\frametitle{A two-boundary value problem}

\begin{itemize}
\item Stacked system for a perfect foresight simulation over $T$ periods:
  \begin{equation*}
    \left\{\begin{array}{c}
        f(y_2,y_1,{\red y_0},u_1)=0\\
        f(y_3,y_2,y_1,u_2)=0\\
        \vdots\\
        f({\red y_{T+1}},y_T,y_{T-1},u_T)=0
      \end{array}\right.
  \end{equation*}
  for ${\red y_0}$ and ${\red y_{T+1}}$ given.

  \bigskip
\item  Compact representation:
  \begin{equation*}
    F(Y) = 0
  \end{equation*}
  where $Y =
  \left[\begin{array}{llll}y_1'&y_2'&\ldots&y_T'\end{array}\right]'$ \\
  and $y_0$, $y_{T+1}$, $u_1\ldots u_T$ are implicit
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\item Resolution uses a Newton-type method on the stacked system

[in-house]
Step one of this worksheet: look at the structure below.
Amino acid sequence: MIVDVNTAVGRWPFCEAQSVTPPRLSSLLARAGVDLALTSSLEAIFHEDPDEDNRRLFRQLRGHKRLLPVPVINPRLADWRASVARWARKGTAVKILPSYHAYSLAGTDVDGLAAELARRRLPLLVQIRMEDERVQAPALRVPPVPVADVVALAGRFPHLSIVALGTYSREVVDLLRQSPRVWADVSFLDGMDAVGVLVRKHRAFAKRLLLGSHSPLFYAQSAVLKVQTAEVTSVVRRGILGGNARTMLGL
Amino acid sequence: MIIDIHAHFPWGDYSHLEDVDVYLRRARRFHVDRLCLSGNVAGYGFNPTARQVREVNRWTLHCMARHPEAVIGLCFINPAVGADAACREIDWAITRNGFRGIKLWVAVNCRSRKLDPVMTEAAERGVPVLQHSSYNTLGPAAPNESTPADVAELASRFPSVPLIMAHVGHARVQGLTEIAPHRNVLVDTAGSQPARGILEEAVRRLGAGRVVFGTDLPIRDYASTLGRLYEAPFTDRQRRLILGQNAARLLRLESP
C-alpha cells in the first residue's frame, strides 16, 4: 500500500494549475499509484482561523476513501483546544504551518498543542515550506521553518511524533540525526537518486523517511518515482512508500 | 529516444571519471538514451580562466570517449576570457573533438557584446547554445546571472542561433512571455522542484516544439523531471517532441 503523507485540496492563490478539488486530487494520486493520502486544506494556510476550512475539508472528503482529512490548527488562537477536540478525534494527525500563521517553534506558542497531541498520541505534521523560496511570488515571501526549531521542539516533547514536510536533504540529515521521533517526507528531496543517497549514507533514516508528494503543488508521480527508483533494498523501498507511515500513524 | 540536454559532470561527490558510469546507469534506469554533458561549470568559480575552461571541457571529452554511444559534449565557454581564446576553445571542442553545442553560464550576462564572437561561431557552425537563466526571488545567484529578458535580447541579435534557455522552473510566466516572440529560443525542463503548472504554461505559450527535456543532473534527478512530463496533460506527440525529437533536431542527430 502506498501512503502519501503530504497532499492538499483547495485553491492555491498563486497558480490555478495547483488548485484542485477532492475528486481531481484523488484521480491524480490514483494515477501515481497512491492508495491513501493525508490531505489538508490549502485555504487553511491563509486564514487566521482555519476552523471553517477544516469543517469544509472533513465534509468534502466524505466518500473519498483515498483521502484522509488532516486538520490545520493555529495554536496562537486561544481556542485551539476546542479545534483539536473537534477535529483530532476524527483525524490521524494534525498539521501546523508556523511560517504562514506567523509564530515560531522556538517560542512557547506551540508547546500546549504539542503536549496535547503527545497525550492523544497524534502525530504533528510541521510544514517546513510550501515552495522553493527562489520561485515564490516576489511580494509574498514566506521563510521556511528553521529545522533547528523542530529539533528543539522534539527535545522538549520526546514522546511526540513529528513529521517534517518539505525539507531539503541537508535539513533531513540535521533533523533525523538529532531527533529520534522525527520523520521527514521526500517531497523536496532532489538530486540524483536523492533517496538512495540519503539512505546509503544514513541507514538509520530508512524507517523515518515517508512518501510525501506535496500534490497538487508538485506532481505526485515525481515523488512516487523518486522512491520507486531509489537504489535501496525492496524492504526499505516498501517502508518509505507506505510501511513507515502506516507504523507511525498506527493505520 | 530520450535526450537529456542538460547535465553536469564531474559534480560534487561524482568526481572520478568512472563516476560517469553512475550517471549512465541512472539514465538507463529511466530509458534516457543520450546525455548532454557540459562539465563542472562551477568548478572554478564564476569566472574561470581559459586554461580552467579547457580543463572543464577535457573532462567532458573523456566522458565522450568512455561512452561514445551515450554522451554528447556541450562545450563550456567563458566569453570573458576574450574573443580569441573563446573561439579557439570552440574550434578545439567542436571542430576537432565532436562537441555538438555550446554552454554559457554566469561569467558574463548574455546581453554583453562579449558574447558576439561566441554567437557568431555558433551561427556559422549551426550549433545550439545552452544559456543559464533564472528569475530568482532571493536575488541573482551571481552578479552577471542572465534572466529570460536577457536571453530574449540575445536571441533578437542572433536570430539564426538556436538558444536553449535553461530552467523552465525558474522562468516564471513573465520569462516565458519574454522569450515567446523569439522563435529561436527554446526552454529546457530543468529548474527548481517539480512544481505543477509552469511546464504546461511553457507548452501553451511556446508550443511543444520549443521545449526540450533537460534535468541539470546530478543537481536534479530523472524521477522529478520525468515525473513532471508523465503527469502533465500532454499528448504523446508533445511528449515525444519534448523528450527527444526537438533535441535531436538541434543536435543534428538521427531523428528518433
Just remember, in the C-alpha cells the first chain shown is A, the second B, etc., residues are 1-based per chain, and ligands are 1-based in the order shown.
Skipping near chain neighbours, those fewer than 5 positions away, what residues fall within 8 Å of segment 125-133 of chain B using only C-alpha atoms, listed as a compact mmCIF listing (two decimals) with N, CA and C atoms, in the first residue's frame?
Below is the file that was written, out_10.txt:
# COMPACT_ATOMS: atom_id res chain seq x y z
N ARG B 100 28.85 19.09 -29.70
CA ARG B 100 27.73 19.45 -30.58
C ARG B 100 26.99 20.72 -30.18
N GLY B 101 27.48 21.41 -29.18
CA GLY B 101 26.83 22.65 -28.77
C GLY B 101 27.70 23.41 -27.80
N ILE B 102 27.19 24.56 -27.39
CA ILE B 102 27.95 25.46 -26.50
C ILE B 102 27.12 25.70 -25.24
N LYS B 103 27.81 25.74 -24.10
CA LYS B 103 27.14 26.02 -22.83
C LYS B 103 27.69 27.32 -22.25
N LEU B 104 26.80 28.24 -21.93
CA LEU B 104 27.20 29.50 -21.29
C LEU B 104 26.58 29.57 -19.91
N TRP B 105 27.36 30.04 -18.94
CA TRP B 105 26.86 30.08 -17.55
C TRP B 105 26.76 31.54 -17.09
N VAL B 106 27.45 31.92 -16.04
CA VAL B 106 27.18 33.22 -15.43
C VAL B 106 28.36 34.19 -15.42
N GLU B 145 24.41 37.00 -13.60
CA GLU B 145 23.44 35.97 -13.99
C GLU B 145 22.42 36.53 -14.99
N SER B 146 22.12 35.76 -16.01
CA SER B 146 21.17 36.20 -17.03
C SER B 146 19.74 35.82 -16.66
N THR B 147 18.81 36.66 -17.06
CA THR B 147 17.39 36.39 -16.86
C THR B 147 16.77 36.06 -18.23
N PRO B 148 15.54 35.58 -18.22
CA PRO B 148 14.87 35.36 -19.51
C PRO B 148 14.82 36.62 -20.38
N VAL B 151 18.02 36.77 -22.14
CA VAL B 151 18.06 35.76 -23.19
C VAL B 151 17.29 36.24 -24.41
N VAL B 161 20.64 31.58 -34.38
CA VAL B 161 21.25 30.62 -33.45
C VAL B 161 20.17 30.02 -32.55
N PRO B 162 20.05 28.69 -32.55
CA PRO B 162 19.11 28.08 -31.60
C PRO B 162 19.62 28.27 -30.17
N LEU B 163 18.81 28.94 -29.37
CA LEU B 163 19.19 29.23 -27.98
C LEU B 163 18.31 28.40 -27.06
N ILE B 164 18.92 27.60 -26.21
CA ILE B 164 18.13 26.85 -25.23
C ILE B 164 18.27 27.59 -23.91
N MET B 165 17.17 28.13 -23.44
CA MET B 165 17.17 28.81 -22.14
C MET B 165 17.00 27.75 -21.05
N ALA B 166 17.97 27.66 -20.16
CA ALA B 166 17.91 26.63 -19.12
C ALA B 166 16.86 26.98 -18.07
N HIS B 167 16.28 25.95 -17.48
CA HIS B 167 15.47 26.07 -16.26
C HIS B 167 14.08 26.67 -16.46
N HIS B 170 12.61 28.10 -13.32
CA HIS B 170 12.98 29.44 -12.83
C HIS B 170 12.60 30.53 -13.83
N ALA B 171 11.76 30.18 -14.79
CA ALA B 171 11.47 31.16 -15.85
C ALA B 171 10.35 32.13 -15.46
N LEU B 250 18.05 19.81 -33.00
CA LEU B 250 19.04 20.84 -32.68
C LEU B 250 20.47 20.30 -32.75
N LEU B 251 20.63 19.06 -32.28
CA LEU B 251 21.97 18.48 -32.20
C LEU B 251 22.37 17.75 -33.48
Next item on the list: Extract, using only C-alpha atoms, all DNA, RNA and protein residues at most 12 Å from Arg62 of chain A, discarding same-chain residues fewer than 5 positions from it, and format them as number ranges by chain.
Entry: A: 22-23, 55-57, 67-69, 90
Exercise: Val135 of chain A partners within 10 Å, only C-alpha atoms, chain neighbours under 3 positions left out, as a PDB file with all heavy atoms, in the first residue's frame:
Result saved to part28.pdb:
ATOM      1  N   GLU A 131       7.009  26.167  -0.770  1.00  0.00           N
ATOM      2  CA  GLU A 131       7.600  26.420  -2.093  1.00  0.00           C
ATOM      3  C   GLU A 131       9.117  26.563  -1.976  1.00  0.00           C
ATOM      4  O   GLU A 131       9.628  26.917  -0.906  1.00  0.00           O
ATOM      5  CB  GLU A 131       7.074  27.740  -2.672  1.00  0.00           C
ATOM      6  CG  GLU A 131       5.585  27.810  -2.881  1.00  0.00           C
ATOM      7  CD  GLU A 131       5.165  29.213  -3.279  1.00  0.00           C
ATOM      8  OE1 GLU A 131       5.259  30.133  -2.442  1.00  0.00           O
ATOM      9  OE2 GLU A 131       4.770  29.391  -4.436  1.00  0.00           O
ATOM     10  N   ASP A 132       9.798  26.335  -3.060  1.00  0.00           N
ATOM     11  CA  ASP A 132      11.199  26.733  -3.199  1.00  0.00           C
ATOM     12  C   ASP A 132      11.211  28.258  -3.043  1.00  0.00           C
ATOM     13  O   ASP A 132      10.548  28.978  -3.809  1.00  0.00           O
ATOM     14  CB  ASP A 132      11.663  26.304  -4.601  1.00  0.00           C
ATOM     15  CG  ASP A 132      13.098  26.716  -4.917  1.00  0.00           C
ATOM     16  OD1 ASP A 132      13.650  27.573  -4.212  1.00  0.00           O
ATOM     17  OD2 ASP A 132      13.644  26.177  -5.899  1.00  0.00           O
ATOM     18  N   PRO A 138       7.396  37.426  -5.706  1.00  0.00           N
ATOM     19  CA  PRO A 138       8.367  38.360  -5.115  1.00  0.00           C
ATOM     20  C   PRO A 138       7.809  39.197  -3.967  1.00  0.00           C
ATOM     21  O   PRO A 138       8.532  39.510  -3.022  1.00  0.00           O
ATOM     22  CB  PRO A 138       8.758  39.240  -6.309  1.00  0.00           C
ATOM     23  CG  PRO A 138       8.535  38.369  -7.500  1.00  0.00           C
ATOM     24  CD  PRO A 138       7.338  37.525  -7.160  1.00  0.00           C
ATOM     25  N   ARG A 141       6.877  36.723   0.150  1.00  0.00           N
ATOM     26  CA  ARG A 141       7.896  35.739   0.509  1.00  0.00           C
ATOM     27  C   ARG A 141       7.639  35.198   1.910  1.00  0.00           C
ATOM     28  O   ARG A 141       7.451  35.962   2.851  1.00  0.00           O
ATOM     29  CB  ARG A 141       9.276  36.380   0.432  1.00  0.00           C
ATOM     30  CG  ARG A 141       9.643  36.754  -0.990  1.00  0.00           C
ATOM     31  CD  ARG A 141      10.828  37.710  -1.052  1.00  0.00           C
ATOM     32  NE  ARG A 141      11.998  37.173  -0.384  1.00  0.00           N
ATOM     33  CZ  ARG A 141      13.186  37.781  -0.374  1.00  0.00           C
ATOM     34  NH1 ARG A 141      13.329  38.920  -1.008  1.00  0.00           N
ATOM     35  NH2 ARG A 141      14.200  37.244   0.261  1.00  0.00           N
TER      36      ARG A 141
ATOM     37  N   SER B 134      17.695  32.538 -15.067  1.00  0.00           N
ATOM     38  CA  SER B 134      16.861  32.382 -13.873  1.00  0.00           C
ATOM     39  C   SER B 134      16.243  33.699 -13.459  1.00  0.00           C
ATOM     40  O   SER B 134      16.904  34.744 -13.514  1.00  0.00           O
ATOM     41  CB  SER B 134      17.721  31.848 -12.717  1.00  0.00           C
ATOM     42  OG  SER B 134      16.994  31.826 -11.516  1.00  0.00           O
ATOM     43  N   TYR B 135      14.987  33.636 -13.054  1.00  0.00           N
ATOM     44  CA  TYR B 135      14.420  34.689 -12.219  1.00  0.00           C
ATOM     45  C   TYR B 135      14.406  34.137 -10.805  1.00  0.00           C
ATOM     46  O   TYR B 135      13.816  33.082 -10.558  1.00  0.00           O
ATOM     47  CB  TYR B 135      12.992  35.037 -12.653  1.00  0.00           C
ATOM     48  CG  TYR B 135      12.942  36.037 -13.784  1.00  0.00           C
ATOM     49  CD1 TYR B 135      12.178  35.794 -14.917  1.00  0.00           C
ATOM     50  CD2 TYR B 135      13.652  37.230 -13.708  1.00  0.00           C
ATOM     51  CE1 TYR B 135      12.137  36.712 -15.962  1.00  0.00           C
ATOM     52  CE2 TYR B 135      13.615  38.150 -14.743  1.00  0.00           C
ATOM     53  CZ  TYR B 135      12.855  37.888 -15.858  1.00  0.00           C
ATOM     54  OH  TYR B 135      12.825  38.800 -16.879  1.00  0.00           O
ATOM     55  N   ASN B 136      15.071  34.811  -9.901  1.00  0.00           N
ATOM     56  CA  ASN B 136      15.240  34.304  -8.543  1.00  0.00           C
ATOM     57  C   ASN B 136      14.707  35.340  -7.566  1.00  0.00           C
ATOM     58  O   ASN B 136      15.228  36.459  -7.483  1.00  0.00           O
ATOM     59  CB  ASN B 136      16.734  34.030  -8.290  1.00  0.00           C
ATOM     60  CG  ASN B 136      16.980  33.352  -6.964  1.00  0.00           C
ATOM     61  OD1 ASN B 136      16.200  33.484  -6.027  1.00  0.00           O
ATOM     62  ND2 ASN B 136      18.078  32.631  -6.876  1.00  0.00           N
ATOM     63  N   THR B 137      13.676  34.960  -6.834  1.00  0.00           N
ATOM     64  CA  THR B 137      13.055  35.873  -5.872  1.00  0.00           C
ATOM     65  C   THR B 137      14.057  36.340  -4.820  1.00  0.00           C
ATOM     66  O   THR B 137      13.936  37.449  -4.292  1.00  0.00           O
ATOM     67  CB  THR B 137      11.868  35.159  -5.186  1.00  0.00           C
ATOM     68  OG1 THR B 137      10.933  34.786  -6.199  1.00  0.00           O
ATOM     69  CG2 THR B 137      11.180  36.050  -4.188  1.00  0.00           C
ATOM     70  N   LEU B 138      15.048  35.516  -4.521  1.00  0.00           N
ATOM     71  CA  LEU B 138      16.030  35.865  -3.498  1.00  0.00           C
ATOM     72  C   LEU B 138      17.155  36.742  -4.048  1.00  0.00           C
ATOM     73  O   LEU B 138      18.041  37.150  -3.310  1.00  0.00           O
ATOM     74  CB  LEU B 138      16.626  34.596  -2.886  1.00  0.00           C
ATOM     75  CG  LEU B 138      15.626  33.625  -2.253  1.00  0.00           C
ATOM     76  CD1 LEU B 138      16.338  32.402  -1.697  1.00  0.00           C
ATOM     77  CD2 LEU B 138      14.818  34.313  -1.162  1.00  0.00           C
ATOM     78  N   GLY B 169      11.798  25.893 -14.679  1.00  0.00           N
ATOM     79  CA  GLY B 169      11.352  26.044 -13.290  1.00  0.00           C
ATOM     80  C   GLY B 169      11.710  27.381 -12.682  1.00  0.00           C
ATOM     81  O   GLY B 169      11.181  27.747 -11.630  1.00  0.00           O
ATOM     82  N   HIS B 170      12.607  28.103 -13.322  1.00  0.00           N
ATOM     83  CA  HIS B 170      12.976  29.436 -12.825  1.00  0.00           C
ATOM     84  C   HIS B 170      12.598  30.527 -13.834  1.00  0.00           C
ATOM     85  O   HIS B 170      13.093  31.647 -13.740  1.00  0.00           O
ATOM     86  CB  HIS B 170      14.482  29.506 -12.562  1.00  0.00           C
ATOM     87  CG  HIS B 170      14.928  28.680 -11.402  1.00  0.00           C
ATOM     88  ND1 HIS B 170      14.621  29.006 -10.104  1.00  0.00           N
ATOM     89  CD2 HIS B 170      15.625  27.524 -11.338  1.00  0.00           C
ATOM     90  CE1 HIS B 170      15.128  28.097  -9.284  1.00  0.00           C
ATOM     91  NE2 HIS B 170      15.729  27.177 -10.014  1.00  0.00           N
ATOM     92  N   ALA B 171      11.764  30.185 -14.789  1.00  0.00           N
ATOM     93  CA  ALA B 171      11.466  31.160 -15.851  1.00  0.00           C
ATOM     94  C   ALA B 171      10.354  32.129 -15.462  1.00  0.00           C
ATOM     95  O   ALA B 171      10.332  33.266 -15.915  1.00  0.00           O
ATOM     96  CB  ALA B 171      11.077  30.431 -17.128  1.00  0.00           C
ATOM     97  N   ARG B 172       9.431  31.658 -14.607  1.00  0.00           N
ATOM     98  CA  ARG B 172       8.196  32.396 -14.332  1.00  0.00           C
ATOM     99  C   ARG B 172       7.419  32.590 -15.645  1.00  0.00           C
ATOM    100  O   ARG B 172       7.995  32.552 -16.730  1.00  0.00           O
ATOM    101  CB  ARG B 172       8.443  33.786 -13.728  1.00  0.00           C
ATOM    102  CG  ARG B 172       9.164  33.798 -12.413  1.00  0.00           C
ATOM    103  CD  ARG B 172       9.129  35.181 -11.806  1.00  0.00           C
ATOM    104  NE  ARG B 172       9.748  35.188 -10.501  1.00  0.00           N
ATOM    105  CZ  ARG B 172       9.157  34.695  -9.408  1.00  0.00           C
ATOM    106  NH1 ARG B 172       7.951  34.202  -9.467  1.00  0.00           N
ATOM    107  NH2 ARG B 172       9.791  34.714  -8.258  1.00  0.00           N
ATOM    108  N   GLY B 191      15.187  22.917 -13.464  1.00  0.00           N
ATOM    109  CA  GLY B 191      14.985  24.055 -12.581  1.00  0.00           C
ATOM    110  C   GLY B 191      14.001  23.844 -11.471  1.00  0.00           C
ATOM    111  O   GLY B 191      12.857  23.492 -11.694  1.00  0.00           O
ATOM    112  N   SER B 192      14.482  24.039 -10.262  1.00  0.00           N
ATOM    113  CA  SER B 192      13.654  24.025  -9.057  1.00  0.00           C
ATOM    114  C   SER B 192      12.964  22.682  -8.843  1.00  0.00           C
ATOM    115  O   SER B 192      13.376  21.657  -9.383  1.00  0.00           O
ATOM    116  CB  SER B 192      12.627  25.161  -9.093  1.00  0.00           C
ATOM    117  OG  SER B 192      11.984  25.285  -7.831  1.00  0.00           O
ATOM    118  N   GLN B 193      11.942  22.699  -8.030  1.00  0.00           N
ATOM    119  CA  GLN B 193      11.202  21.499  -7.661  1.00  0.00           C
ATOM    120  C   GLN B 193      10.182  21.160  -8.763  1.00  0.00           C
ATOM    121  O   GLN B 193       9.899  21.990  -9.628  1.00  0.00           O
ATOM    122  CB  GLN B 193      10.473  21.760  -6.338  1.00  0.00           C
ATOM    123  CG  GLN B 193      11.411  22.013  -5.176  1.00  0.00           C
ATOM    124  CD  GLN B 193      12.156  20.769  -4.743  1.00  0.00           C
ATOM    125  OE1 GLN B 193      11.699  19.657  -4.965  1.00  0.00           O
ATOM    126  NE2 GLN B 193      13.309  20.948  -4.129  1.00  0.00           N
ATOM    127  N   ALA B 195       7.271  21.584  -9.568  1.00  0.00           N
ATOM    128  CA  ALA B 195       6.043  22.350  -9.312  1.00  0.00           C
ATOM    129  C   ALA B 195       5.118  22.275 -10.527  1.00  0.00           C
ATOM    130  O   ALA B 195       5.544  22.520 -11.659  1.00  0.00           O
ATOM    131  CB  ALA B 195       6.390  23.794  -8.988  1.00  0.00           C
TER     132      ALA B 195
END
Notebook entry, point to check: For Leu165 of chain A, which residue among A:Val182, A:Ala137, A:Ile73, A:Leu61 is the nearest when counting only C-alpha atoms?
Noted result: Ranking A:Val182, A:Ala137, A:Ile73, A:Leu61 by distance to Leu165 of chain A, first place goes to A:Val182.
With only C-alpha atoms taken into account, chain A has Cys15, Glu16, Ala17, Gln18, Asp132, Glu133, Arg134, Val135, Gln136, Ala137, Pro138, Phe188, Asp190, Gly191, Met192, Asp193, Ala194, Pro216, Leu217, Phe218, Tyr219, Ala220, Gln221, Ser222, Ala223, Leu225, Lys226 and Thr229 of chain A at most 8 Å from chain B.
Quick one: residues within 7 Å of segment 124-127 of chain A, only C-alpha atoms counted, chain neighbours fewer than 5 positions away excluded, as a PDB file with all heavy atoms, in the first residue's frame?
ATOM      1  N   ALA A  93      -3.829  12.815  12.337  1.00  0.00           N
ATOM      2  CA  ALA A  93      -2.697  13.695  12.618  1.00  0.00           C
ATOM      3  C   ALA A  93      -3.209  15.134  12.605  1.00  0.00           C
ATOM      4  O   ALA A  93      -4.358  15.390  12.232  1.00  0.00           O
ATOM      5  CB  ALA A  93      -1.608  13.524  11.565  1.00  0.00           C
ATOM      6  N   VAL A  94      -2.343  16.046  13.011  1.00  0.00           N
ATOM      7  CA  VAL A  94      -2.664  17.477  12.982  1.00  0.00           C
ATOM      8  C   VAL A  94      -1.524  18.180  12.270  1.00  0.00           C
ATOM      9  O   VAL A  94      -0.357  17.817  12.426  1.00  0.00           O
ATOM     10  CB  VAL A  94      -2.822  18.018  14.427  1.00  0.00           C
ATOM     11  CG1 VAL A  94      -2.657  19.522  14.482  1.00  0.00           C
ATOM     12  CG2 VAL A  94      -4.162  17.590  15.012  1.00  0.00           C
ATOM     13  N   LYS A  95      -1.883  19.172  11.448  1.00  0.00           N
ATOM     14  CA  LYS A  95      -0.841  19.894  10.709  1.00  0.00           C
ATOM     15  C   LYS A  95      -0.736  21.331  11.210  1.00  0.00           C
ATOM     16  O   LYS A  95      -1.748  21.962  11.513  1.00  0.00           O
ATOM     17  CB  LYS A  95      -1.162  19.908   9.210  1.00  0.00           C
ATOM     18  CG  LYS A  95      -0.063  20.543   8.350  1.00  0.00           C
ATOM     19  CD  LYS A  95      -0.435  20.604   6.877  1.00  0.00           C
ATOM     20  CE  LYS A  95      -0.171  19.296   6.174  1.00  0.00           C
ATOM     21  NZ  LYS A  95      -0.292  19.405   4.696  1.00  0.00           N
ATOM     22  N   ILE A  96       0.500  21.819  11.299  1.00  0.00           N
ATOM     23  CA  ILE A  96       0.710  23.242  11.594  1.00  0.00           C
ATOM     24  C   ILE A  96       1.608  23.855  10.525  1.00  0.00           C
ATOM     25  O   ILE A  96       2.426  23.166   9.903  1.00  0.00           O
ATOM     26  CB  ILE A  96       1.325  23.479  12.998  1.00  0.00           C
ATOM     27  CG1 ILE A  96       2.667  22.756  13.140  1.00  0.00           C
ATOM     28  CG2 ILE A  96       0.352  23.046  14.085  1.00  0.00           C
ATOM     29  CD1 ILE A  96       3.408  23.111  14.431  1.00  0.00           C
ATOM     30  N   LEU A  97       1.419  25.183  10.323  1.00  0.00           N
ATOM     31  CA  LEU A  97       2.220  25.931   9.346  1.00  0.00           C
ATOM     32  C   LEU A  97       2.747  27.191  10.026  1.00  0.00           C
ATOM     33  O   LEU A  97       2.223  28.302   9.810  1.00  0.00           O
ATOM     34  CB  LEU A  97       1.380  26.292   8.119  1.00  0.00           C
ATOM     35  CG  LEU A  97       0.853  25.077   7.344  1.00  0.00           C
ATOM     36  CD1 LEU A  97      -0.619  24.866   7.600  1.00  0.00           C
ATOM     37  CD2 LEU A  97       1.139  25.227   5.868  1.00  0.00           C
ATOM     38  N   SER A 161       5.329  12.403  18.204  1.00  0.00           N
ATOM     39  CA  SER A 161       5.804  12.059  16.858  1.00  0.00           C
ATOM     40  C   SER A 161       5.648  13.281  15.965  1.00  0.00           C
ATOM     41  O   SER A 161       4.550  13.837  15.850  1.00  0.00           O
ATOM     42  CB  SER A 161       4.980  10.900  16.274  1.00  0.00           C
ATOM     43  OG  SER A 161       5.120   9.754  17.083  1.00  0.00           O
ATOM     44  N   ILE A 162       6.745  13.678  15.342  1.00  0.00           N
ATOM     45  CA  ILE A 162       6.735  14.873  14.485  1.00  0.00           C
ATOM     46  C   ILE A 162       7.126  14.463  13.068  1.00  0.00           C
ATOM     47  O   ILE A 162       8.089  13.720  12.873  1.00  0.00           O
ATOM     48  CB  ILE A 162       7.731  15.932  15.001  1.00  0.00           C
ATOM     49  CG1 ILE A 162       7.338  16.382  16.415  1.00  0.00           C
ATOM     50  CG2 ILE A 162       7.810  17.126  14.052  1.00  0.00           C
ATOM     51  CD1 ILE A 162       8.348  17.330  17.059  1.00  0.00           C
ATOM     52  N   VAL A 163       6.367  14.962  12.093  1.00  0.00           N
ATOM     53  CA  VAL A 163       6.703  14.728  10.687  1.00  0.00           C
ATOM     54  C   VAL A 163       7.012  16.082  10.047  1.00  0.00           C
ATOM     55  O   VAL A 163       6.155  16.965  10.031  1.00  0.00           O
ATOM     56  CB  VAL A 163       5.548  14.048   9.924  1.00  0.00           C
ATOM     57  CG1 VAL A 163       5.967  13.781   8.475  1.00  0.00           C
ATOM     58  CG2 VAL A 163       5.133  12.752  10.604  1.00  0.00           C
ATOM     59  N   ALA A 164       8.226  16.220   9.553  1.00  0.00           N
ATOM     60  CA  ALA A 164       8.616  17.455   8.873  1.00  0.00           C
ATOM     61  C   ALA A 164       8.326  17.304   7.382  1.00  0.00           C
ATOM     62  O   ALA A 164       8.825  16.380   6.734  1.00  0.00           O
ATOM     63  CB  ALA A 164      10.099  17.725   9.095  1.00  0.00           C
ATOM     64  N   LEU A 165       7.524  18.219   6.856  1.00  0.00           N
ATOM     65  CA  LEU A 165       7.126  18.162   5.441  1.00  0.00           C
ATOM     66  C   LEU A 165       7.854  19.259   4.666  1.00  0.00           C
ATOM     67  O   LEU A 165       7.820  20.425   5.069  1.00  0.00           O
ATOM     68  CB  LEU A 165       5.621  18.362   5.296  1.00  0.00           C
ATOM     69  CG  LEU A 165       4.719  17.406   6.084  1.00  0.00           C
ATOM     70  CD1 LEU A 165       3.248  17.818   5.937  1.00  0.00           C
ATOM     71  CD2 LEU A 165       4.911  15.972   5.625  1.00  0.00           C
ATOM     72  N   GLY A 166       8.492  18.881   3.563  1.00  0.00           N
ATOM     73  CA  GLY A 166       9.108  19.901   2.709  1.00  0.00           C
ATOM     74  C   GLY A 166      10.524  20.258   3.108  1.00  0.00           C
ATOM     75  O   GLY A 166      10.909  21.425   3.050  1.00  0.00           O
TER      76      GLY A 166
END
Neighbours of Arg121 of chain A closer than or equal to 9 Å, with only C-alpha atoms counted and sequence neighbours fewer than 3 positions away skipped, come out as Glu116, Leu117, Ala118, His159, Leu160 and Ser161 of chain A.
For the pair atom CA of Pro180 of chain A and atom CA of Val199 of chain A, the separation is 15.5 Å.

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\end{itemize}
\end{frame}


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\begin{frame}{Approximating infinite-horizon problems}
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  \begin{itemize}
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  \item The above technique numerically computes trajectories for given shocks over a
    \emph{finite} number of periods
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  \item Suppose you are rather interested in solving an \emph{infinite}-horizon
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    problem
  \item One option consists in computing the recursive policy function (as with
    perturbation methods), but this is challenging
    \begin{itemize}
    \item in the general case, this function is defined over an infinite-dimensional space